Pete David, Author
My creativity probably stems from my father, who I sensed always desired to write fiction, but unfortunately never had the opportunity before he died at the way-too early age of 58. Despite spending most of his professional career in the insurance business and voting Republican (he and my liberal mom always cancelled each other out with their votes), my dad had a great sense of humor. He did dabble in writing—whole comedy skits submitted to the Johnny Carson show, eliciting no interest except for a polite rejection letter. While unemployed in 1974, my father decided the country needed a series of humorous bumper stickers, and proceeded to invest his savings accordingly. Needless to say, the large packs of bumper stickers remained unopened and neglected in our basement storage room, and such timely phrases as “Pardon Nixon, Impeach the Nation” didn’t catch on in a country already saturated with pundit jokes related to the unfortunate resignation of our 37th President.
As I entered my 50’s, still in excellent health and of sound mind, the thought of writing a novel and perhaps fulfilling my father’s dreams appealed to me in a very profound way. The challenge didn’t come until my wife and I listened to Carl Hiassen’s Skinny Dip on CD as we drove to Tucson during a Christmas break in 2007. I had read several of Mr. Hiassen’s books, primarily because we previously lived in Florida and although not literary gems, the stories at least provided some entertainment by poking fun at the eccentric behavior and absurd actions us Florida residents knew only too well. Adding to the incentive to read, or in this case hear the story, was the fact that the main protagonist, Chazz Perrone, the corrupt marine scientist (what those of us in the business termed a “biostitute”) worked for the South Florida Water Management District, an agency that employed me for 17 years, and where I met my wife Carolyn. The book’s narrative ended on the return trip about the time we hit Arizona’s White Mountains, and I turned to my wife and said, “I can write better than that,” which triggered the now infamous retort, “well why don’t you.” So, if I ever sell any books, I will have to include a dedication to Carl at some point (although I’m sure he won’t buy one of my books now that I trashed one of his) for providing me the incentive to record my creative ramblings.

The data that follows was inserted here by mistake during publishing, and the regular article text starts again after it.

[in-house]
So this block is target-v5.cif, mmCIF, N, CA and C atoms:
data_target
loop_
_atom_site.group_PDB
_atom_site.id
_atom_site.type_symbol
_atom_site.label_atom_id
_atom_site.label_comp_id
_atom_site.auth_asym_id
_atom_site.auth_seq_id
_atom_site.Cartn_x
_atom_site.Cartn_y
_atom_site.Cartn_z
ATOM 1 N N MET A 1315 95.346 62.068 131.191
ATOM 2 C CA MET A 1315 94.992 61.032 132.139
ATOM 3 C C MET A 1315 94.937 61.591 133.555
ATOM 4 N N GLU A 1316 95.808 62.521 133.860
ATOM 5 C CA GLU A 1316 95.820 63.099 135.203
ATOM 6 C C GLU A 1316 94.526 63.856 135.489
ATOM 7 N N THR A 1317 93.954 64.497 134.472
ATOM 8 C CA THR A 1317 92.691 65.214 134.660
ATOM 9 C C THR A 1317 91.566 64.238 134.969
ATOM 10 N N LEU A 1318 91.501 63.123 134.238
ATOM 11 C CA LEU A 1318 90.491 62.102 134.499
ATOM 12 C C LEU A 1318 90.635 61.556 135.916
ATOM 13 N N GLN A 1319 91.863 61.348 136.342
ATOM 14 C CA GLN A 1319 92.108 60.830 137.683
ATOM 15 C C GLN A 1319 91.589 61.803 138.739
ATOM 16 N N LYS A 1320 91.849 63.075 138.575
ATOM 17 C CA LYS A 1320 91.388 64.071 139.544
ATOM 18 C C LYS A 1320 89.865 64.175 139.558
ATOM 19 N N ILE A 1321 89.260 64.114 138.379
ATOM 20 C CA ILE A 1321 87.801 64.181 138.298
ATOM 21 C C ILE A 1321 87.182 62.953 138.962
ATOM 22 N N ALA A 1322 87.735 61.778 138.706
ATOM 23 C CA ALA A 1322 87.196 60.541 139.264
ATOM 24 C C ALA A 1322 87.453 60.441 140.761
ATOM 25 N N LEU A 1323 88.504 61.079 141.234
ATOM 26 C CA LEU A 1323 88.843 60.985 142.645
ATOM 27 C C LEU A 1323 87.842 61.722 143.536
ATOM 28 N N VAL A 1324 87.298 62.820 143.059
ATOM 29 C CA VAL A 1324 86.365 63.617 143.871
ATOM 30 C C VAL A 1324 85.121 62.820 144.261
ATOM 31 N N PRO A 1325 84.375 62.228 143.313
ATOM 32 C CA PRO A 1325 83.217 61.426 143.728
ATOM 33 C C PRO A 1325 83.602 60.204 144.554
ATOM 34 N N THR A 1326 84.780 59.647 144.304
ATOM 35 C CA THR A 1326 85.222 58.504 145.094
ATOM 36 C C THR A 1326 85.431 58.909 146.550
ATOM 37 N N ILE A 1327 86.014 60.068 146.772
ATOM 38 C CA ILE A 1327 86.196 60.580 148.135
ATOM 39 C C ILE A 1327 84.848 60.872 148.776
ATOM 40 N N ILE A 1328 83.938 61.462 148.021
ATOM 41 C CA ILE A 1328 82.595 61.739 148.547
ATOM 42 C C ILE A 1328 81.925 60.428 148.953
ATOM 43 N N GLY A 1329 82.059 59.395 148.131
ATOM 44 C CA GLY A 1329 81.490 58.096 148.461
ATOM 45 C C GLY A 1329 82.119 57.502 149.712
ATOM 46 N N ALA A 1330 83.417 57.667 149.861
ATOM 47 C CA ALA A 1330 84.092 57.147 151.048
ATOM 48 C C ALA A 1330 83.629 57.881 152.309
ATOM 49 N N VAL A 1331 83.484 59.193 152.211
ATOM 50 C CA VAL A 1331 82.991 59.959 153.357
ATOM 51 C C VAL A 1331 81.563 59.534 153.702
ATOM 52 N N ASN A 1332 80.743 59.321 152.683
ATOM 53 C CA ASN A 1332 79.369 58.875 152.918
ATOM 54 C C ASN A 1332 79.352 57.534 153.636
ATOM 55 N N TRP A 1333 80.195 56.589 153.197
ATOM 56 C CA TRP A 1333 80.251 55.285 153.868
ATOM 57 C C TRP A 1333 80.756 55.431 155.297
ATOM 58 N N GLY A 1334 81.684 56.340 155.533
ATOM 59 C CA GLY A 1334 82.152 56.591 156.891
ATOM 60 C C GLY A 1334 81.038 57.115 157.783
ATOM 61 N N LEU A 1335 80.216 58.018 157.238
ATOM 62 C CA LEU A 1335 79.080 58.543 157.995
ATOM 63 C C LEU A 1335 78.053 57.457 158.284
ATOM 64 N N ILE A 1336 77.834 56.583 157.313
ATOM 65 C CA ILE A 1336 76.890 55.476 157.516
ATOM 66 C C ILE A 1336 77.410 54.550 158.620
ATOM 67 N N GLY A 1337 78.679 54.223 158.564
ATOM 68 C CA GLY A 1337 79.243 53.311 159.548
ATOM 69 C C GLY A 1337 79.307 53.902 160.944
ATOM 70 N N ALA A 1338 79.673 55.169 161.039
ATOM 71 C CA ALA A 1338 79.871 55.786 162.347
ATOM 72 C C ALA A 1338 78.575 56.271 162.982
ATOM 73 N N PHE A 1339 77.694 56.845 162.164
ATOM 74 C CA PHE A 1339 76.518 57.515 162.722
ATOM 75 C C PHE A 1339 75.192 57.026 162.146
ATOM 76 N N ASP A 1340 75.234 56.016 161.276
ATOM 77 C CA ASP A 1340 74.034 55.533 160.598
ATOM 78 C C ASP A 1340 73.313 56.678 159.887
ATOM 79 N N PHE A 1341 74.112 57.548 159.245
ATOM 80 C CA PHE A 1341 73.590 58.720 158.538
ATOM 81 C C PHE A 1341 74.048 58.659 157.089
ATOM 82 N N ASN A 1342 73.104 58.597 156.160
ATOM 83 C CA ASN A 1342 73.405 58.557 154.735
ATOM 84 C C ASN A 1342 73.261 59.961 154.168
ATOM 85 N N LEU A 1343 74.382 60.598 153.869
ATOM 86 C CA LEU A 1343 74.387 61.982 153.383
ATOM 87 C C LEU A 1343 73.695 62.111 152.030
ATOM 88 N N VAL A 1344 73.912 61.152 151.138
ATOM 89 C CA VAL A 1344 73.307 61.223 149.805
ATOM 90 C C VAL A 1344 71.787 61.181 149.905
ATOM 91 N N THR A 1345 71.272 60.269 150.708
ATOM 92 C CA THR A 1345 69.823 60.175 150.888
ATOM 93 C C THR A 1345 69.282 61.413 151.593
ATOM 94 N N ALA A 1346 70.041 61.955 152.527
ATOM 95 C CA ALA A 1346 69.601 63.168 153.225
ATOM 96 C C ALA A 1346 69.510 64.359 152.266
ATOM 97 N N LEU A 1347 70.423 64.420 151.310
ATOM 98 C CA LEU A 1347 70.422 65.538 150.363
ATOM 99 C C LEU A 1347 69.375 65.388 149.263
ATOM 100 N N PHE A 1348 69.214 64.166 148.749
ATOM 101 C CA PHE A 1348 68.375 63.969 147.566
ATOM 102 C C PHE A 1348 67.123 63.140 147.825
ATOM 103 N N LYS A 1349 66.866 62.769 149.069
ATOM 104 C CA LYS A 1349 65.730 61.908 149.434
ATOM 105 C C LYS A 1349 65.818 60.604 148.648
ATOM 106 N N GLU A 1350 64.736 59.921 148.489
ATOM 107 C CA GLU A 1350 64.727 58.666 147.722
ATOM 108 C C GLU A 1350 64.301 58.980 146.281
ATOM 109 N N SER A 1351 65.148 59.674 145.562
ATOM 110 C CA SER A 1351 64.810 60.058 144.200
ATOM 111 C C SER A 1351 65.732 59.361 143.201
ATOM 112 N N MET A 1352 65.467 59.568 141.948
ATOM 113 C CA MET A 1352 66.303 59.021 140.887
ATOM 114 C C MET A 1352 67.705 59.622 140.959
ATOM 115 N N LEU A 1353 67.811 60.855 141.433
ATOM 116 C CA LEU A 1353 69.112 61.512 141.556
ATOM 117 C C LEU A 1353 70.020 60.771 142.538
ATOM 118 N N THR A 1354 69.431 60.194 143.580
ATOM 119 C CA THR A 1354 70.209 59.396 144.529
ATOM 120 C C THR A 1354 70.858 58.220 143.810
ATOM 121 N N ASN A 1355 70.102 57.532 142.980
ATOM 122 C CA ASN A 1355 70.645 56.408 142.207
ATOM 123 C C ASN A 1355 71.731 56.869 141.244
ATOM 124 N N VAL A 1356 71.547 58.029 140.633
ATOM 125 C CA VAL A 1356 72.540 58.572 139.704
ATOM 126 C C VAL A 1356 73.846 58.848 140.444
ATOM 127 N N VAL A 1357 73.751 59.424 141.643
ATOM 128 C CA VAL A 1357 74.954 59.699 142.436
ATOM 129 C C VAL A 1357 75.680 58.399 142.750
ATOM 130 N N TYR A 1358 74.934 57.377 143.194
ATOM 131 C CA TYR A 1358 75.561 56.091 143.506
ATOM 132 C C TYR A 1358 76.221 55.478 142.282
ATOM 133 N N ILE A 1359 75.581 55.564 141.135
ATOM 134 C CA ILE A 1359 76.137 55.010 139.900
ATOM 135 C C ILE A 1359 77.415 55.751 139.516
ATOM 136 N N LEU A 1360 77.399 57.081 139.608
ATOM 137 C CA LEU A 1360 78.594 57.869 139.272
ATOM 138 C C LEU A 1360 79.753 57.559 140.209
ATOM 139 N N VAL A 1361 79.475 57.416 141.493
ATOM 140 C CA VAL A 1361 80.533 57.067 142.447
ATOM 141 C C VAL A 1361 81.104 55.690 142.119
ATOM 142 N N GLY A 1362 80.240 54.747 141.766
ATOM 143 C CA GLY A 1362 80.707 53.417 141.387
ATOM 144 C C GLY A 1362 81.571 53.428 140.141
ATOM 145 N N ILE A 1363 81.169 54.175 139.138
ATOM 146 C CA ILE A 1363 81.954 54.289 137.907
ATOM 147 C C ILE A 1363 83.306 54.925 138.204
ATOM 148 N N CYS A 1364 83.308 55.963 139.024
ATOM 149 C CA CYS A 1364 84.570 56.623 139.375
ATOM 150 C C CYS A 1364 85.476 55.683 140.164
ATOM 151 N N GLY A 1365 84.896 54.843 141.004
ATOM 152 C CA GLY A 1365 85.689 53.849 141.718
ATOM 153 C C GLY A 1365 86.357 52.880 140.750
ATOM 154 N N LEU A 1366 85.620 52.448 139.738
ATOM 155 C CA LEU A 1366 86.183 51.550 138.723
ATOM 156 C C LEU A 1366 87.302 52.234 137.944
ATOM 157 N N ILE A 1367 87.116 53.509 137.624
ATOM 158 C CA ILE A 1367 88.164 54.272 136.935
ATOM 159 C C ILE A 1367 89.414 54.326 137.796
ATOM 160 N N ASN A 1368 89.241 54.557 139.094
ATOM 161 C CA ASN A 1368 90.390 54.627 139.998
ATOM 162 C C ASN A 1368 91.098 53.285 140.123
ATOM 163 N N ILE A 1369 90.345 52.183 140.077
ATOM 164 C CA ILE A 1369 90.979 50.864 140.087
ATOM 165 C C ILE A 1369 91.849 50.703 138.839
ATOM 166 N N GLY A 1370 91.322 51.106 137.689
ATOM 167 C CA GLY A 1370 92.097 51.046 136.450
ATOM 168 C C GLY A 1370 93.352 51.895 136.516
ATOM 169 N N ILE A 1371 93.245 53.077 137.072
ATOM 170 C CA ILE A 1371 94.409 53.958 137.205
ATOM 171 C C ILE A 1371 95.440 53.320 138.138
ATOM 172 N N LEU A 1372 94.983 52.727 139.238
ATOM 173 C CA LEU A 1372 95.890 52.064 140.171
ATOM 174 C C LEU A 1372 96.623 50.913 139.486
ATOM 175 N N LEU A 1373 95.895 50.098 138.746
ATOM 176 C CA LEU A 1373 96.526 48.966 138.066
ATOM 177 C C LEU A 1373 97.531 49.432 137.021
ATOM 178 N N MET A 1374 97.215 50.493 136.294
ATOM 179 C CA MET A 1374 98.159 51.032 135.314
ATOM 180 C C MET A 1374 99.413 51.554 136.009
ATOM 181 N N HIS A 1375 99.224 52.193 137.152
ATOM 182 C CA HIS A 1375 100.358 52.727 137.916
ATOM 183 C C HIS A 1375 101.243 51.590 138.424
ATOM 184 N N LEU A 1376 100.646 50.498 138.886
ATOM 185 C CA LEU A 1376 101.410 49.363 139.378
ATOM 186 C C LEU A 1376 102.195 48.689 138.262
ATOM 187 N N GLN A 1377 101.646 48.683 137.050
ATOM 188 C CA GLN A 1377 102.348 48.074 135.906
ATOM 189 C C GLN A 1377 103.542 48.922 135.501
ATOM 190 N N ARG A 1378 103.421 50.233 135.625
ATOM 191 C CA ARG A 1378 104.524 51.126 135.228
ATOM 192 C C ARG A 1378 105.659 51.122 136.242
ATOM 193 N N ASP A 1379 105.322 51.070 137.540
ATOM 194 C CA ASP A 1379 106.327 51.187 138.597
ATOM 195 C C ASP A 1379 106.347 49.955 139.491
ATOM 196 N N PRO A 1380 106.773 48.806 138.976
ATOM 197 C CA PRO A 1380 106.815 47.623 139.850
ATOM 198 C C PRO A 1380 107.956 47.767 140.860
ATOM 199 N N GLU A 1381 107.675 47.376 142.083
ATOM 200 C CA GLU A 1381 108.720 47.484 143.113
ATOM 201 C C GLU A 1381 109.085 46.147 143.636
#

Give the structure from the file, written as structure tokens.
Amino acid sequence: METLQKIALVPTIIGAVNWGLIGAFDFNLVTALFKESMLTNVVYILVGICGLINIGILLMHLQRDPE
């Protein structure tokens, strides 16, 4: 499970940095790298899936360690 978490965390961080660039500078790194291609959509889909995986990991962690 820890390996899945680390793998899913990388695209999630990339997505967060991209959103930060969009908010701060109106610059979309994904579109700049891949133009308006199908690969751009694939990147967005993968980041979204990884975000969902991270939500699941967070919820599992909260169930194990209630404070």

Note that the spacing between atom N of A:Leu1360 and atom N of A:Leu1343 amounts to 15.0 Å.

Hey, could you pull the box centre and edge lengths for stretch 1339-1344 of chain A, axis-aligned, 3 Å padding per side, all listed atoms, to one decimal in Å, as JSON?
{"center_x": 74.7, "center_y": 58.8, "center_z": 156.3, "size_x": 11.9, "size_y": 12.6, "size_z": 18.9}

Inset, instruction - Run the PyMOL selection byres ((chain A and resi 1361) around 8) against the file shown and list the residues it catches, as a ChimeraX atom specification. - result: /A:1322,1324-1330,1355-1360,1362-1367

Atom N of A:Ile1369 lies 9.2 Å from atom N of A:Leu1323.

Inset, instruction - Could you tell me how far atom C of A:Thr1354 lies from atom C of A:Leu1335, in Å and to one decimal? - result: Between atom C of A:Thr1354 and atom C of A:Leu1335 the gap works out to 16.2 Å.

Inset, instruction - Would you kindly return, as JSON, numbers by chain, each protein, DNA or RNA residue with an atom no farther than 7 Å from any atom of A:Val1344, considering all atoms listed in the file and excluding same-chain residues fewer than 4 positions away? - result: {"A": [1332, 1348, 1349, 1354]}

There are many reasons people write. For me, it’s a creative outlet that let’s me escape from the realities of the world news filled with stories of rape, suicide, famine, pestilence, climate change, mass species extinction, religious conflict, and flashing across the computer screen as I write this, the story of a young man who walked into an elementary school in Connecticut and killed 20 children. Therefore, writing takes me away from the ugliness in the world, and it’s cheaper than taking drugs.
People ask me how I come up with the stories, but it’s difficult to explain. The idea for my second book, L.A. Confrontational, arrived as a dream the night before I attended some meetings with the Bureau of Land Management in Carlsbad, so go figure …
Anyway, I’ll sign off for now, but thanks for listening, or reading.